Monday, March 15, 2010

We are fast approaching one of those big days......4/21/2010.

It will be five years since that terrible day when our lives were turned inside out and we felt sadness that we did not know existed.

Our memories of Ashlyn are still bright and she is in our thoughts every day. She provides a great role model for her sister and brother even though she is not there to teach them valuable lessons herself, we teach them these lessons for her. We feel like our role as Ashlyn's parents are to act as an extension of her, investing time in things that she would find important and keeping her name on people's lips so she will never be lost to history.

Time is a healer, but it is also an enemy. Things change with time and the world today is much different than the world Ashlyn occupied, then left, five years ago. The places that she loved, such as the Carden Jackson School and the Balinese Room, are now gone. We will not be able to take her siblings to these places so they can be closer to the memory that we are trying to share with them. They will not run across the CJS gym, throwing confetti eggs at their father, or run down the Balinese Room pier on their way to see their friends as Ashlyn did. Those places are lost, as is the palm tree taken from us by the freeze that was once our final Christmas tree with Ashlyn. Every time you lose a place, or thing, it feels like you lose a brushstroke from a painting. You feel very motivated to try and replicate things, as if by doing so you are closer to that memory. As five years turns to ten, and changes continue that will become more and more challenging to do.

The past five years started off in darkness, but we now reside in a bright, happy light. Jacqueline and August have provided us with new opportunities to explore life and look forward to the future. Our life together as a family is incredible and we are now living a charmed existence. We look forward to the next five years and the many joys it will bring as Crissy and I grow a little older and grayer, watching our children learn the wonders of the world around them.

Like they say, Spring is the season of rebirth.


Blogger Susan said...

Dear Joel and Crissy,

I met you and Ashlyn but once through a mutual friend. Although we are scarcely acquaintances, every time I read your blog, I cry. I cry for Ashlyn. I cry for the two of you. I cry for every parent who has ever had to bury their child. I cry and pray and thank Christ-consciousness and Shiva for your strength. It seems you two have gone beyond just facing Ashlyn's death; you have embraced it along with her life, maneuvering your grief with grace, acceptance and open hearts --qualities that I possessed during my dad’s death. But our child’s passing is on a whole other level than our parent's death when we are adults. So, as usual, I make your circumstance all about me and my crying morphs into great, gulping sobs. Would I be able to practice what I preach if one of my precious babies died? Deep down I am terrified that if I am ever forced to walk the walk, I wouldn't even be able to talk the talk. Always, I am jolted out of this panic attack and catapulted into another, more terrifying worse-case scenario than losing my children. And that is my children losing me while they are still young. I do not know how you feel, but life has taught me that everyone—even the strong (maybe especially the strong) need words of encouragement and a different perspective from time to time. Here is mine.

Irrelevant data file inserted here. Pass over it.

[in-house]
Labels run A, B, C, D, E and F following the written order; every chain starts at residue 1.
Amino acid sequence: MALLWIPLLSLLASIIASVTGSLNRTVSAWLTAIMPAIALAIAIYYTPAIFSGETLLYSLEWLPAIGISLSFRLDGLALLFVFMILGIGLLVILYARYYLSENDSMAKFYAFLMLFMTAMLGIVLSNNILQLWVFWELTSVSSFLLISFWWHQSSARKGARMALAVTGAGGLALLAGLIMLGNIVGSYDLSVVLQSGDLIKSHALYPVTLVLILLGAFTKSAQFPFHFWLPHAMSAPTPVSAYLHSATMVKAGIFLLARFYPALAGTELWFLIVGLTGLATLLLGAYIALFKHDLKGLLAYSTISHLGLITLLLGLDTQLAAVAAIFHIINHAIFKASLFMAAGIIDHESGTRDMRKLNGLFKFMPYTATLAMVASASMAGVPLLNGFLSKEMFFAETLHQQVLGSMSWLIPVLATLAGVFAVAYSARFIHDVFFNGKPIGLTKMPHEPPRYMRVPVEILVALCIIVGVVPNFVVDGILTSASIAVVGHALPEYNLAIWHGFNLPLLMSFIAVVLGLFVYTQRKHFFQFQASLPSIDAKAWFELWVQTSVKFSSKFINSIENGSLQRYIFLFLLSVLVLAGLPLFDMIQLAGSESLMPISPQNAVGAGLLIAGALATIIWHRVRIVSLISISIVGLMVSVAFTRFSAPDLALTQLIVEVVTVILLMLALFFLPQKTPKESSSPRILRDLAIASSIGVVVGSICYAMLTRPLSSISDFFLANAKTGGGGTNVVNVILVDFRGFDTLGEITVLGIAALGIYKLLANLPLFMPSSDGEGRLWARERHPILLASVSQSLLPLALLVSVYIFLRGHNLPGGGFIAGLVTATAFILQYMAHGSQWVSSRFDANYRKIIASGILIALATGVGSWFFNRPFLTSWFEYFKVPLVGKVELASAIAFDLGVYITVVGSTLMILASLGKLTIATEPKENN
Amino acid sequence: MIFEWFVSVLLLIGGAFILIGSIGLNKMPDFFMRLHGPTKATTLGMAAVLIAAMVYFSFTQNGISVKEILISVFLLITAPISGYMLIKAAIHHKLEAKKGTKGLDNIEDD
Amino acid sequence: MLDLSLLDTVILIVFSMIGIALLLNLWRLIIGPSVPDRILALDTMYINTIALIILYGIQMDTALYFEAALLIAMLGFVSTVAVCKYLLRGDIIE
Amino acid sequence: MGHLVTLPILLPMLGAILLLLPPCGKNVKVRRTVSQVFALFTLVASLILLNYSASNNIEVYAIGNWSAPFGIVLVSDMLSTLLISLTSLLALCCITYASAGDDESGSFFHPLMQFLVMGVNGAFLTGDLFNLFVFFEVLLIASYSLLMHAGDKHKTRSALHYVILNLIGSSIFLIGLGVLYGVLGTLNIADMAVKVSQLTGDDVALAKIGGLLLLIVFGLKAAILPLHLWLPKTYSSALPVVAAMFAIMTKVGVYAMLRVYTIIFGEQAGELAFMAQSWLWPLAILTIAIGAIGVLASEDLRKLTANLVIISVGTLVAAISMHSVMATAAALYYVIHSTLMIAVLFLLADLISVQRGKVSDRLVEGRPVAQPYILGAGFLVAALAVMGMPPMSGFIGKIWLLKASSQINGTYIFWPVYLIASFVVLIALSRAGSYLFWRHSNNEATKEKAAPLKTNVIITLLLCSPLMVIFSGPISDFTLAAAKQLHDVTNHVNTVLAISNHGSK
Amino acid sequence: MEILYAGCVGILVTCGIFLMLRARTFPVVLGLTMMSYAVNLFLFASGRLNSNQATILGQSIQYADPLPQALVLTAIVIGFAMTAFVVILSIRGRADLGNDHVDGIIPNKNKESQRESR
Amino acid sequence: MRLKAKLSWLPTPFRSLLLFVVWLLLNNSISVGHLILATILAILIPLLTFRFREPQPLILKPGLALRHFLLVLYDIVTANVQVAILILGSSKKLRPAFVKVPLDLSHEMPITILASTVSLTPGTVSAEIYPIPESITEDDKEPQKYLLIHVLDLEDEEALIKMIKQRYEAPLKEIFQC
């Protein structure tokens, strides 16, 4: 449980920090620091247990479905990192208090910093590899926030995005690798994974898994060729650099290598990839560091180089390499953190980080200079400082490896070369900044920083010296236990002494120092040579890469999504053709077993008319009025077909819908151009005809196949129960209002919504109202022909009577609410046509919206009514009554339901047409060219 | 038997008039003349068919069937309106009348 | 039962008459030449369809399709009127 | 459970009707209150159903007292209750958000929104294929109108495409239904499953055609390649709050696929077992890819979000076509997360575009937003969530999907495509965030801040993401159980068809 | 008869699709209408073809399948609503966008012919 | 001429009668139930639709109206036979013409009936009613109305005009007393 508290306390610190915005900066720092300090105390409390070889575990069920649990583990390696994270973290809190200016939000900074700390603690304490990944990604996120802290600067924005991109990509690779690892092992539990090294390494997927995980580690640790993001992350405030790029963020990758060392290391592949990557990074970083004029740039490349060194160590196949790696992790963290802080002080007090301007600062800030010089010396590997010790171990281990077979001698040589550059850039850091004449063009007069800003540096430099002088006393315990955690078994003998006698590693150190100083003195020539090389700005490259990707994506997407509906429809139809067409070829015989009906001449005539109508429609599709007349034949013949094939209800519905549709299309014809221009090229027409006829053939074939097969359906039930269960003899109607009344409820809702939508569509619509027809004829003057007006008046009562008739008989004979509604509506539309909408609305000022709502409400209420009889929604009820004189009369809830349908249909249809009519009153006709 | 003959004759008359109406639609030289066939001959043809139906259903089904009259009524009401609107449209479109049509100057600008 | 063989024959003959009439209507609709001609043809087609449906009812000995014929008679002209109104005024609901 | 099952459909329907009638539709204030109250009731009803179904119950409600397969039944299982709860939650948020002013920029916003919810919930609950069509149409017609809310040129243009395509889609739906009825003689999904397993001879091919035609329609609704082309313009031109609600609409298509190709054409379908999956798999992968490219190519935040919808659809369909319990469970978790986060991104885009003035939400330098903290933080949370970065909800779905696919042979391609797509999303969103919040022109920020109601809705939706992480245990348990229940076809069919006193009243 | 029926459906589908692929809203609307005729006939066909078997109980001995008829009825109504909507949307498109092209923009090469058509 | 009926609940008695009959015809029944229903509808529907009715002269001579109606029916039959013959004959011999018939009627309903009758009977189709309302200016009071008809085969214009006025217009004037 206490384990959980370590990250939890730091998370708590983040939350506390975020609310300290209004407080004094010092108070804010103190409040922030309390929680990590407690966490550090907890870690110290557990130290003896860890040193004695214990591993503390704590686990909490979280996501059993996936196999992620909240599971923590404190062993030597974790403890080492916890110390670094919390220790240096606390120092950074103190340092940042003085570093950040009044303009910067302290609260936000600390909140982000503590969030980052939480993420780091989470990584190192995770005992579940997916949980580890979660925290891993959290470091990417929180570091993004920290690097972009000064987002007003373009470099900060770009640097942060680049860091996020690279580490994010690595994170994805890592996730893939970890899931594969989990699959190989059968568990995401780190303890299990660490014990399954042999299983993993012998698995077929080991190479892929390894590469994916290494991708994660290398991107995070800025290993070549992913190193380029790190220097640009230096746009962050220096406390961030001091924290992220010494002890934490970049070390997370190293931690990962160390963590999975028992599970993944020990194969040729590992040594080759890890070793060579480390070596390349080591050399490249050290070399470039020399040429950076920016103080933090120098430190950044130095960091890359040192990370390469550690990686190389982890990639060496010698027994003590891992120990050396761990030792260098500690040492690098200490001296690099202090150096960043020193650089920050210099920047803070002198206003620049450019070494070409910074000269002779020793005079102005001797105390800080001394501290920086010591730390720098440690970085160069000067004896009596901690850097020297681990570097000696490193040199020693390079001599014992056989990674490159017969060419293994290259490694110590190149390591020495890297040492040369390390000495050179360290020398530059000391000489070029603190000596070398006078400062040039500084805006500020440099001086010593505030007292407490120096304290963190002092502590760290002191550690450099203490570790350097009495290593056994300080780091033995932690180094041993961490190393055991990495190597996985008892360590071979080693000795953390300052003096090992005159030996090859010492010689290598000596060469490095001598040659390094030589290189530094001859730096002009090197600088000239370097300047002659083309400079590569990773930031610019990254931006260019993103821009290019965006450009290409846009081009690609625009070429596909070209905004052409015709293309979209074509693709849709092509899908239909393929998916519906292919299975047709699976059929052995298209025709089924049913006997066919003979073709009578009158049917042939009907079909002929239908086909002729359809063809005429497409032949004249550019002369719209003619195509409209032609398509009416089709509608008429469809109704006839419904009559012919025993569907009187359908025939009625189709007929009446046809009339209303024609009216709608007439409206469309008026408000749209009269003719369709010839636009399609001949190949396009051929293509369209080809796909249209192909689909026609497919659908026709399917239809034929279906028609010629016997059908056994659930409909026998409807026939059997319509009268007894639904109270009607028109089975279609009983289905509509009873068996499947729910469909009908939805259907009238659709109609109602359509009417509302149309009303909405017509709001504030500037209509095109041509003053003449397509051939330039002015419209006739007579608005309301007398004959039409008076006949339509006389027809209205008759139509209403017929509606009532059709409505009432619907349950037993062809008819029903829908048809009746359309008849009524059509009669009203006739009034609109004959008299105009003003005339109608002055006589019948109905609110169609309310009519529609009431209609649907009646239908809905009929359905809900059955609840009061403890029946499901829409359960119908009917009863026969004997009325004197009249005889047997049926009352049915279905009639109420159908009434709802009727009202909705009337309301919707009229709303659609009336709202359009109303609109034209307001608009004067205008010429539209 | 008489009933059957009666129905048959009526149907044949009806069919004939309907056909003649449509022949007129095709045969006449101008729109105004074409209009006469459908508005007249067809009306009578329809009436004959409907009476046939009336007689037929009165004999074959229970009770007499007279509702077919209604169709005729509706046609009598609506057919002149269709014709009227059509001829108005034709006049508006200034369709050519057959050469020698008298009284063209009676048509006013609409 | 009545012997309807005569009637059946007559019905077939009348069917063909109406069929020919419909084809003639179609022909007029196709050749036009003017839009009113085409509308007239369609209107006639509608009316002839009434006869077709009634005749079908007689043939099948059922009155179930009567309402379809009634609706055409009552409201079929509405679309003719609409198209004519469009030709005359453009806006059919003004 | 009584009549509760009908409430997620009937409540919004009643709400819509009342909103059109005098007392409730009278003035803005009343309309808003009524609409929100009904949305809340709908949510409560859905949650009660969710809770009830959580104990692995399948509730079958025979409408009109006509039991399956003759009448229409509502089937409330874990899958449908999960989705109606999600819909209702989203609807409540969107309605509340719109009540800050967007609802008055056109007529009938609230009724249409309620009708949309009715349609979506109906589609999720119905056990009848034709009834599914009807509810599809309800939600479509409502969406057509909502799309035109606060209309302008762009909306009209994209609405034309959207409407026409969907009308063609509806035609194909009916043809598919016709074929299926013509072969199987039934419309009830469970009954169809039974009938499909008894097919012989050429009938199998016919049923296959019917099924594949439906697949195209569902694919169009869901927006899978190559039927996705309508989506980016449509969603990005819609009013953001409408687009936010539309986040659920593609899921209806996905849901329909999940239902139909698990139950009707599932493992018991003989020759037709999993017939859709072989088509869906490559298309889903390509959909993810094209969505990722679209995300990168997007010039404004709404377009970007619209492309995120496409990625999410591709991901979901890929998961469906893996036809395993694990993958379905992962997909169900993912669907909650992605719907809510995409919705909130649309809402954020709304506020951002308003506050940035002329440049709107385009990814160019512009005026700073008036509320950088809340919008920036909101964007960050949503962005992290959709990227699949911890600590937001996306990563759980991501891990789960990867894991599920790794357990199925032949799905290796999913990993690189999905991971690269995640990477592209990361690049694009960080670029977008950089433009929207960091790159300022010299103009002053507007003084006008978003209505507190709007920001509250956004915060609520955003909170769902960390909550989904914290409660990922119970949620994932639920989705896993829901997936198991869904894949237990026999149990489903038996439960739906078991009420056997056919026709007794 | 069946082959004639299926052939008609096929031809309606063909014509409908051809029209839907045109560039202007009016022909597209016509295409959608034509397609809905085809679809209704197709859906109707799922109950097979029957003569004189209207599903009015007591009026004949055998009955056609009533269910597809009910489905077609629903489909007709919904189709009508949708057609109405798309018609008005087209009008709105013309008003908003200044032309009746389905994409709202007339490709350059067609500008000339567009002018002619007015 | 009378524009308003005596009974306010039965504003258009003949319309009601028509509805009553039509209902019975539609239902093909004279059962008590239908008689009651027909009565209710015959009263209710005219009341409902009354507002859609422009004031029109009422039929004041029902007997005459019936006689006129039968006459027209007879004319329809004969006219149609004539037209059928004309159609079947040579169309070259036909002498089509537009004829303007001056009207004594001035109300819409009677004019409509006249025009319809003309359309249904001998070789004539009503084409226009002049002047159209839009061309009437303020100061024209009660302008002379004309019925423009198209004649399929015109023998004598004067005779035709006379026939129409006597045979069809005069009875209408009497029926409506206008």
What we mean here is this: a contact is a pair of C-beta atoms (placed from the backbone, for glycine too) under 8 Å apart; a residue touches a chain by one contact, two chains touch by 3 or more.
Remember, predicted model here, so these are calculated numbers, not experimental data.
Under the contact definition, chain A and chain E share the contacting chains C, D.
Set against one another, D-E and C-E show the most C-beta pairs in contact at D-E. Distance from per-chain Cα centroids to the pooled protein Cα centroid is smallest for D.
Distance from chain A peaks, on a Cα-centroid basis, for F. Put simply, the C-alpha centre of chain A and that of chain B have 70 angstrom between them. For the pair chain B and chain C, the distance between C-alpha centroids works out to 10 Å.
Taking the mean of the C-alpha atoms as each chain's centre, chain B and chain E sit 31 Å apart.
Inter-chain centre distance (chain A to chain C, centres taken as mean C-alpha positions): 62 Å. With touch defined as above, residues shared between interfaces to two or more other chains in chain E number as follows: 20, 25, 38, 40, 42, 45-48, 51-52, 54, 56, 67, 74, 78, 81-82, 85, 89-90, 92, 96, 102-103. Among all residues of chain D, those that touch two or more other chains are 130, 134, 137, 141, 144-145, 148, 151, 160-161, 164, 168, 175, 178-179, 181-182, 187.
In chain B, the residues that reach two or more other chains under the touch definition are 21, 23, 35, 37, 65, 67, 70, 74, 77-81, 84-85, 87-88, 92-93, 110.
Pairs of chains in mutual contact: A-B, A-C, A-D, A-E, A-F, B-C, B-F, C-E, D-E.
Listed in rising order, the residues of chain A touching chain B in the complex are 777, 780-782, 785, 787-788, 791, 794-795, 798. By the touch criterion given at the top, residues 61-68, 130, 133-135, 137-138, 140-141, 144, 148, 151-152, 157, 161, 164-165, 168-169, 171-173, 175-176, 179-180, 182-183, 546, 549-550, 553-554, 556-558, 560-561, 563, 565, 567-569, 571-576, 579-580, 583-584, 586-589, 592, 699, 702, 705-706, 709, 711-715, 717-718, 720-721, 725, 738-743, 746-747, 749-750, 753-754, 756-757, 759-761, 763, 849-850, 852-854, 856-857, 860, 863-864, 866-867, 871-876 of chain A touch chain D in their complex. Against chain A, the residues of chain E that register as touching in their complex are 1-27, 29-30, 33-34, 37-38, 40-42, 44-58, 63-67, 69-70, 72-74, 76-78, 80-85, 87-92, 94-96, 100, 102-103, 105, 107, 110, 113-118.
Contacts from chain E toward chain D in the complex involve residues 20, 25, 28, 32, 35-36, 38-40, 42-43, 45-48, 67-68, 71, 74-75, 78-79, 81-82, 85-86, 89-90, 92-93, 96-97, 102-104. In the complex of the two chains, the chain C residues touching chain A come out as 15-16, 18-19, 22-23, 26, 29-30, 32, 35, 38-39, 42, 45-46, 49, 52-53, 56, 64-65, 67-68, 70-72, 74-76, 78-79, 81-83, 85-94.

My mother died when I was three days old. I grew up knowing this and in my youth believed that her death couldn’t have affected me much because I never knew her. I always rationalized that Mother’s death was more devastating to my brothers who remembered her. I grew up feeling sorry for them and her heartbroken widower—my father. How wrong I was. Of course her death affected me profoundly! How could it not? Talk about abandonment and intimacy issues to the nth degree…Why am I telling you this? Because as horrible as it was to lose Ashlyn so suddenly, please know that she knew she was cherished. She went to heaven completely surrounded by your love. You gave her the most wonderful gift a parent can give a child—a peaceful passing.

I certainly am not comparing our losses or claiming that one is heavier than the other. Nor am I trying to convince you that circumstances could have been worse. Things are what they are. Life is what it is and so is death. Perhaps “my” perspective has already occurred to you or maybe you experienced it too. All I know is my purpose in this lifetime is to be fully present for my own children and, God willing, live long enough to rear them into adulthood. Anything else is gravy. In the meantime, I get inspiration from your words and wonderful family pictures. My anxiety always passes, and heartfelt gratitude (courtesy of you) takes its place. Thank you for being.



11:32 AM  
Anonymous Pop said...

Strange how this all works for me. I never go near this blog all year long, but when the weather warms, the pollen falls, the trees leaf up, and the flowers bloom, I'm drawn to it like a magnet.

I think of Ash often...The little oak out back which she helped us plant when it was only a foot tall is now up around 9'-10'....It's a constant reminder of cherished moments with that beautiful young woman.

I still have a special moment in the Mass where I pray for the peaceful repose of her soul. I'll continue doing it for the rest of my time on the planet.

And I thank God for Jacqueline and August....two wondrous examples of God's love for all of us.

9:16 AM  

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